As usual, I read about threaded facelifts before I went in. Most people seemed happy, but some reported problems; one of the most common was a noticeable "dimpling" or sunken area at the threading site. Fortunately, the dimples eventually disappeared. I didn't experience any "dimpling," and I credit the skill of my tech. It's also worth reporting that plastic surgeons have a generally low opinion of threads. They point out that you can get more dramatic results that also last much longer. While true, a facelift costs 15 to 20 times the cost of threads. It is way more painful and takes a month or more to recover. You could have 15-20 threads over 20 years for the cost of one surgical facelift.
Indeed, a threaded facelift isn't for everyone. If you need extreme changes to fight serious aging or other issues, the only option at present seems to be a surgical facelift. And if you want dramatic changes to your face, such as a much more feminized look, you will probably need a surgical facelift. I am still considering more significant feminization to my appearance, so a surgical facelift isn't off the menu for me. But for the moment, I'm pretty pleased with how things are going.
My best advice is to find an outstanding technician that you can trust and be completely honest with them about what you want. If you feel they are not sympathetic to your goals and desires, thank them for their time and leave. Most of the places I contacted offered free consultations, and if you can find the same deal, I urge you to take advantage of them.
You may be shy about revealing that you are transgender or crossdresser but don't be. You don't have to tell them the details. Most people accept drag queens these days, and it would probably be enough to tell them you do drag if you are nervous about their reaction to a more personal revelation. In my case, I was completely open with everyone and even showed one of my favorite pictures of myself as Pammy to the tech so he would know what to go for. You don't want to go in hoping for a more feminine face and have a tech make you look more manly, which really could happen if you let them make assumptions about you!
I waited a couple of weeks for the threads to settle in (per the tech's advice) and then returned for my second round of injections. When I went the first time, I didn't know what to expect, but this time I was well prepared and knew what I wanted. Since I had been happy with the results of the first round, I wanted them to use something that would last longer. And I wanted more of everything. The tech suggested trying "Radiesse" for my cheekbones. Most injectables contain HLA, a naturally occurring substance in your body. Radiesse contains microspheres of CaHA suspended in a gel. These last a while and stimulate collagen, which can last anywhere from 1 to 2 years. They suggest having a 'refresher' injection at the four-month point, which they say will help with longevity. For my lips, I had previously had "Silk," but the tech suggested Restylane, also longer-lasting, and he felt it was firmer. He also injected a few drops of Restylane into the base of my nose. One injection on each side. That made a significant improvement to my look.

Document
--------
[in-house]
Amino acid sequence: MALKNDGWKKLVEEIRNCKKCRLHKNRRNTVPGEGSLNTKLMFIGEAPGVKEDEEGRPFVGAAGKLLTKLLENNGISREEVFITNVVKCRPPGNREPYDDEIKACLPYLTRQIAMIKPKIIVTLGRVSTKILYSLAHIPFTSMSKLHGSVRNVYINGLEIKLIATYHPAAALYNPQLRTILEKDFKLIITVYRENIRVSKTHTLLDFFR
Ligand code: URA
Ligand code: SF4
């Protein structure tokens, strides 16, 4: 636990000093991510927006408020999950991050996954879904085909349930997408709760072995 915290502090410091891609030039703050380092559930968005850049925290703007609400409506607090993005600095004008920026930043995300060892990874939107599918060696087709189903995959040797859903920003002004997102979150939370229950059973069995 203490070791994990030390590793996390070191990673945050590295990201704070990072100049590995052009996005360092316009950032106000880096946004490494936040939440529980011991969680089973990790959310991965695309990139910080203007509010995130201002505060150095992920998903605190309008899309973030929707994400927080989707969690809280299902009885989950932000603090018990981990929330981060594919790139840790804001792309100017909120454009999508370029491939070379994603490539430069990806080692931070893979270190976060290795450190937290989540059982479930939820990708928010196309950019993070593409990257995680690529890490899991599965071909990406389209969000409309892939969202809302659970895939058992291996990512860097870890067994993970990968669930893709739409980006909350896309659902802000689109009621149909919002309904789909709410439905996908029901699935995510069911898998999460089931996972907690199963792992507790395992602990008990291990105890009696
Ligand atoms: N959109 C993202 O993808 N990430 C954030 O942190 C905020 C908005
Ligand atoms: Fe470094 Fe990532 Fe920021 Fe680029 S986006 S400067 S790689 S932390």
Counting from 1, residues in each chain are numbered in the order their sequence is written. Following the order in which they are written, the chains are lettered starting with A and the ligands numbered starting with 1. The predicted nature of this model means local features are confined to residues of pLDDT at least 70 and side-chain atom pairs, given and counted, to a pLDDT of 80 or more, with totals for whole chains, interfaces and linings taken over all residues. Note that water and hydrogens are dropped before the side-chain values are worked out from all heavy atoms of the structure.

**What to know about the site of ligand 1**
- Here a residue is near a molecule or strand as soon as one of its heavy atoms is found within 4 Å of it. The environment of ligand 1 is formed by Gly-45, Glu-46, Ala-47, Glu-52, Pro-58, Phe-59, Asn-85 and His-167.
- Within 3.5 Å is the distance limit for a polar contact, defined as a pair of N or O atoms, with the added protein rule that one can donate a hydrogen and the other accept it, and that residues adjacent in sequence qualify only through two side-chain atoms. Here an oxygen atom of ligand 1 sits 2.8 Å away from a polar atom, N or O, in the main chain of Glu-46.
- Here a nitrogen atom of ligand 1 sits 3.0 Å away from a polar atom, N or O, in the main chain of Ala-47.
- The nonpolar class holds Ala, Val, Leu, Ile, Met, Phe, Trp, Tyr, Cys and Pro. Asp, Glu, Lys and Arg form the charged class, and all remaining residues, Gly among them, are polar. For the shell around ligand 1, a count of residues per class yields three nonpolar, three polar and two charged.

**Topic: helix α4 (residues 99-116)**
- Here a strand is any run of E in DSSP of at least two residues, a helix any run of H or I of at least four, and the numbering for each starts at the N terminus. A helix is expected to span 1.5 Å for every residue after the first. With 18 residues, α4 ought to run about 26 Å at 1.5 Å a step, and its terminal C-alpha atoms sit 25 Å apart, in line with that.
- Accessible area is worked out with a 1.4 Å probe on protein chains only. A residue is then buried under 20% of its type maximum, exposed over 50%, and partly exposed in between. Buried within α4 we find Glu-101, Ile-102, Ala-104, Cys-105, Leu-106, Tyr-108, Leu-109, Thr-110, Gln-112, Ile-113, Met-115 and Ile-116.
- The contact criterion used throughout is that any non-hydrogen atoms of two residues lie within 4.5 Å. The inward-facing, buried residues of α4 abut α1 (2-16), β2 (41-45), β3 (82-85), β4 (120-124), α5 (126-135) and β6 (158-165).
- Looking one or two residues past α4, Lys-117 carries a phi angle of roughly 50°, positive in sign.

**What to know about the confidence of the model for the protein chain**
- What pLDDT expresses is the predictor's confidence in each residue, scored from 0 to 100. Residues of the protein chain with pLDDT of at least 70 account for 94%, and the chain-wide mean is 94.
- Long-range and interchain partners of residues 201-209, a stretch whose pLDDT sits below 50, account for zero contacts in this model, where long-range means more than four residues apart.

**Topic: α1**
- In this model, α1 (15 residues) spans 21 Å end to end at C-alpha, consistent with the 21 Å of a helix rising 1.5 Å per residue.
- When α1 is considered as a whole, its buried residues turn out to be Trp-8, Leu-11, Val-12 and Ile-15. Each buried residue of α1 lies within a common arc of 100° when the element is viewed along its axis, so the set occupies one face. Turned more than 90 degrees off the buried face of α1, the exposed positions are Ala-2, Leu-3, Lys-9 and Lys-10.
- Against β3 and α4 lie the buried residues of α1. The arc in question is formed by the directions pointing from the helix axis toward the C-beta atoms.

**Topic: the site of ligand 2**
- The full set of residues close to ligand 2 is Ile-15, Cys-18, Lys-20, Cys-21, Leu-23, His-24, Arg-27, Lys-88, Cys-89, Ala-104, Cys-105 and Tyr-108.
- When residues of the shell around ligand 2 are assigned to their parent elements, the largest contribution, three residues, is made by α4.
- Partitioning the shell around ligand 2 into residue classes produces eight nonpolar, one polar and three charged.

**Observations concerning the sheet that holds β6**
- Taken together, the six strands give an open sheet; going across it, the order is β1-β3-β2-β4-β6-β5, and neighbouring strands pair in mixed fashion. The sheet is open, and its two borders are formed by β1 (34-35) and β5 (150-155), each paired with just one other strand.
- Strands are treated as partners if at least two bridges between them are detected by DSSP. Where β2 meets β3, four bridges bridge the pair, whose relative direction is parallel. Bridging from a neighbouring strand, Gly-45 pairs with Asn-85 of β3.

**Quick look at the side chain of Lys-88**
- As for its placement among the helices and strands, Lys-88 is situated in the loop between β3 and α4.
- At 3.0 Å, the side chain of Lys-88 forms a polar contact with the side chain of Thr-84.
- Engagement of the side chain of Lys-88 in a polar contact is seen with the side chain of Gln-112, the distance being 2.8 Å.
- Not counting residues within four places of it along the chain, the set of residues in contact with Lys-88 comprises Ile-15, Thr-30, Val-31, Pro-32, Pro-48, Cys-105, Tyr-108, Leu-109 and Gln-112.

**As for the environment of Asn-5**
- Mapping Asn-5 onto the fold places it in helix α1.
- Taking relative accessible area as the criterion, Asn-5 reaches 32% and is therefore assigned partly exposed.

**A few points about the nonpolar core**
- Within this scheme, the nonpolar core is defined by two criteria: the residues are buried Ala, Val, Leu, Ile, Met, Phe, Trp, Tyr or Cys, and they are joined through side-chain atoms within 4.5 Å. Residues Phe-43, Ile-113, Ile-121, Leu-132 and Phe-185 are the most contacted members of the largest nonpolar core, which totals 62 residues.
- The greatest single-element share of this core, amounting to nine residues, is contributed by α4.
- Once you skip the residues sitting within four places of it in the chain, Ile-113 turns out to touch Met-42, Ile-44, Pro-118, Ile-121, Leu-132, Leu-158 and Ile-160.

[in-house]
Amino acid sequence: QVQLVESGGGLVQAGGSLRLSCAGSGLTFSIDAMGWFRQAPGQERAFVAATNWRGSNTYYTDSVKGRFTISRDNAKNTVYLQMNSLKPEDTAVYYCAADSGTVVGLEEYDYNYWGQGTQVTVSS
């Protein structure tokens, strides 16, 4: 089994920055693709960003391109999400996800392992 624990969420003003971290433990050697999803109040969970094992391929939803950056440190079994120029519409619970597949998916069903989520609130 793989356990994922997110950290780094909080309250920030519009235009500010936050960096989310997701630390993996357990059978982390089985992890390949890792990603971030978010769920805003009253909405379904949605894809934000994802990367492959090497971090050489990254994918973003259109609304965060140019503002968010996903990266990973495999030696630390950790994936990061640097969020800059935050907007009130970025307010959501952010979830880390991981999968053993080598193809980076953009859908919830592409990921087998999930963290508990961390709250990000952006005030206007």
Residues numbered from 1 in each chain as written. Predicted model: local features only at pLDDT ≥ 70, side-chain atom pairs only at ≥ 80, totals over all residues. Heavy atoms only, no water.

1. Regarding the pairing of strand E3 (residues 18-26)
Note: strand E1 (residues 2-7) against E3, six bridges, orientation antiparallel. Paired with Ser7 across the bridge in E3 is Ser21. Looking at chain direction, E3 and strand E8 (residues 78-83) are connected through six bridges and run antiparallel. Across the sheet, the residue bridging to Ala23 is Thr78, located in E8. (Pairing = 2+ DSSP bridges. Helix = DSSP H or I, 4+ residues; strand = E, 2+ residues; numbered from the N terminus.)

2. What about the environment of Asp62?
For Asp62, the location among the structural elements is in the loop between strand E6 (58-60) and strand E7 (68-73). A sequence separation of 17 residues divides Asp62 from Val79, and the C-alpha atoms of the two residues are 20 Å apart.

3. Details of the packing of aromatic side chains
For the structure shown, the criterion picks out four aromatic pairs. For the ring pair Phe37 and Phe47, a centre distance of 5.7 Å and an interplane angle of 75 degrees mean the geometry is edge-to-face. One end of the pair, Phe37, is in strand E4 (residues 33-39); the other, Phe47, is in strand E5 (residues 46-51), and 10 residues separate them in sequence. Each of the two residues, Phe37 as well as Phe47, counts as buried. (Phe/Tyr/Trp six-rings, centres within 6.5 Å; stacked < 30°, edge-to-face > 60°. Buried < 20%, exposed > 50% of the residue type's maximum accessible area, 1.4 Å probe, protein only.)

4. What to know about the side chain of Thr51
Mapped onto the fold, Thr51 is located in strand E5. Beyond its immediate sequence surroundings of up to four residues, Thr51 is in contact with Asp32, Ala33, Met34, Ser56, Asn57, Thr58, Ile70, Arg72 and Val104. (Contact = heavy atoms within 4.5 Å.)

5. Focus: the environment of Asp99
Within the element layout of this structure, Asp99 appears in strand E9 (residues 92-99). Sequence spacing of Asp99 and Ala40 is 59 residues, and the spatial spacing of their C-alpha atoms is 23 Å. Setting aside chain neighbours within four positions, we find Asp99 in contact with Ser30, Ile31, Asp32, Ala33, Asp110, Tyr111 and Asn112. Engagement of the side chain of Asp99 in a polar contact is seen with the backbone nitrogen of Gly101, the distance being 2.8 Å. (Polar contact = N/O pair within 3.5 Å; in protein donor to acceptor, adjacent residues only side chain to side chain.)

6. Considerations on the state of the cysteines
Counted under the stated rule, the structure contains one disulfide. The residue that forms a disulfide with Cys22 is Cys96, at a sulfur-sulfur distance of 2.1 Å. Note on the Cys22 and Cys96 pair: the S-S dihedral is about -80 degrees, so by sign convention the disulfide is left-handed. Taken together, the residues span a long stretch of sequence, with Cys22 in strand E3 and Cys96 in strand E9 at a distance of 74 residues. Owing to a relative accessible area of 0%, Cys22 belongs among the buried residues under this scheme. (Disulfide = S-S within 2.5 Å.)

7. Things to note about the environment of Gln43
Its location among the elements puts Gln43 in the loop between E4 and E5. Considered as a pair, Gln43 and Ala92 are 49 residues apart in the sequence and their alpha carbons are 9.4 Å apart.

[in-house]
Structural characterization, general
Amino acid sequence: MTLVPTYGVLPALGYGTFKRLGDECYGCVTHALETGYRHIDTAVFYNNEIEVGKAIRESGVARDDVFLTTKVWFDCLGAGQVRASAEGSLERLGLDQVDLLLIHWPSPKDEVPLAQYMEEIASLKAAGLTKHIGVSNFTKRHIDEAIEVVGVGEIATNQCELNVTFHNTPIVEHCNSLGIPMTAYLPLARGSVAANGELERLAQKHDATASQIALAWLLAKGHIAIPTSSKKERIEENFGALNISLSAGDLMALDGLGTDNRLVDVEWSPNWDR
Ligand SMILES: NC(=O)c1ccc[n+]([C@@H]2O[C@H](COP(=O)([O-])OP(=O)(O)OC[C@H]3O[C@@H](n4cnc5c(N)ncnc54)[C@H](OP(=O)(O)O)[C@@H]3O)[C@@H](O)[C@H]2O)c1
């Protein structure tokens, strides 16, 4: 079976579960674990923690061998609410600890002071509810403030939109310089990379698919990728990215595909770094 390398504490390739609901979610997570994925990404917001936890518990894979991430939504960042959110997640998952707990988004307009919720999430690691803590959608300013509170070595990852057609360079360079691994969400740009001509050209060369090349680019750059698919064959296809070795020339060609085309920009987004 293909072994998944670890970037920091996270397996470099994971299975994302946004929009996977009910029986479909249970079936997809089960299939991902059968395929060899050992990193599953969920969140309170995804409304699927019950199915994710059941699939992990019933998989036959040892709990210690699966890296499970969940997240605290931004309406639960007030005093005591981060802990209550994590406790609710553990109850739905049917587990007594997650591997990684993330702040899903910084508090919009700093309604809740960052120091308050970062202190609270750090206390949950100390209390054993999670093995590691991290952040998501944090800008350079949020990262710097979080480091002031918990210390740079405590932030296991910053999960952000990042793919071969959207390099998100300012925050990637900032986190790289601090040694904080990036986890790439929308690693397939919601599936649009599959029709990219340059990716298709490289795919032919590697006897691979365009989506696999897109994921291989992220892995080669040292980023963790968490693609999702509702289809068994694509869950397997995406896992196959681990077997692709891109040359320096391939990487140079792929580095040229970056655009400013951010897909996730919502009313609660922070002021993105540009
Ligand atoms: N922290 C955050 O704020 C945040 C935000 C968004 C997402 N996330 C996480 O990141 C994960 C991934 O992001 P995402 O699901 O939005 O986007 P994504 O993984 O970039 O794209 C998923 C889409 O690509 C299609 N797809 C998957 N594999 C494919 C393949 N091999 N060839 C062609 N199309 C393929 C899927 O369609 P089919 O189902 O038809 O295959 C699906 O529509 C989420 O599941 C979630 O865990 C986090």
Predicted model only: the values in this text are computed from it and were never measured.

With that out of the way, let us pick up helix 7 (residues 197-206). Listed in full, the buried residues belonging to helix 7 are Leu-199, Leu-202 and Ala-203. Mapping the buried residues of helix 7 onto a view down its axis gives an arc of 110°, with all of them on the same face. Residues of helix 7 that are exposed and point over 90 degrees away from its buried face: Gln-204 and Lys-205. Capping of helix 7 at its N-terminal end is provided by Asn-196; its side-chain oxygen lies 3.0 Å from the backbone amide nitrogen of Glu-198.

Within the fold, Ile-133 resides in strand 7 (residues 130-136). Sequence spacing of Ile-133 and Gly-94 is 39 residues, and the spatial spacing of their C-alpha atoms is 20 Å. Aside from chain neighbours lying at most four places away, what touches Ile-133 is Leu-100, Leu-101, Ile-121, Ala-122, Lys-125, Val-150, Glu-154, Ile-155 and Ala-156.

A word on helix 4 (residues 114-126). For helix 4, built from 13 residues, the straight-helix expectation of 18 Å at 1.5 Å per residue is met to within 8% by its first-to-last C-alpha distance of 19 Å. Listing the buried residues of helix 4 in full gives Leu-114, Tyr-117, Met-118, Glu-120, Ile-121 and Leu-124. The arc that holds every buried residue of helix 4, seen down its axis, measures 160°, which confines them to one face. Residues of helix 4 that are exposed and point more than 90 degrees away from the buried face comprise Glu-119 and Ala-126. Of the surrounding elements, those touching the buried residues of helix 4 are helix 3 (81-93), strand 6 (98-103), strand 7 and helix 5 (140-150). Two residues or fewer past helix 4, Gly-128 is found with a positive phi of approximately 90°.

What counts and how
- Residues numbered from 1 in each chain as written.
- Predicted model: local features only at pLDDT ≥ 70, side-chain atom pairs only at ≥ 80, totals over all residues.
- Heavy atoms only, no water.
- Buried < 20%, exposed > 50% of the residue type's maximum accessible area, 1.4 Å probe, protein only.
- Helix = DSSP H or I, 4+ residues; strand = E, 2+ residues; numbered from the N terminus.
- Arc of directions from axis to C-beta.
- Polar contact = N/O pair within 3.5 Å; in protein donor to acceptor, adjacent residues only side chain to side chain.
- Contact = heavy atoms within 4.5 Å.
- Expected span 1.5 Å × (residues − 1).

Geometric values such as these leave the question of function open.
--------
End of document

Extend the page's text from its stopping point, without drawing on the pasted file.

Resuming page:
Results and Cost
I was happy with my injections first, and I'm even happier this time. In concert with my weight loss and the threaded facelift, I think the injections have made a significant difference to my appearance, and I'm excited to explore more looks for Pammy with this new canvas. In some ways, I wish he had been more aggressive with my lips, but post-procedure, Dom de Luxury was kind enough to do a video consult with me, and she thought they looked promising. She suggested waiting until I had done a few looks before deciding to go back for even more injections into the lips. The Botox treatment was one thing I wasn't that happy about last time. Perhaps this was partly my fault since I didn't want to lose my ability to make facial expressions. Whatever the reason, I didn't notice a big improvement for the rather large price, so I passed on Botox this time.
The Cost for this was $1,420. The Radiesse was $800, much more than other injectables, but it also lasts longer. The Restylane was $620. And yes, as with threads, you can get more significant improvements with surgical intervention, but at a much greater cost of money, time, and pain. I'm thrilled with these results and excited about improvements and new non-surgical interventions.
If you've had similar experiences, or have thoughts you'd like to share, feel free to write me!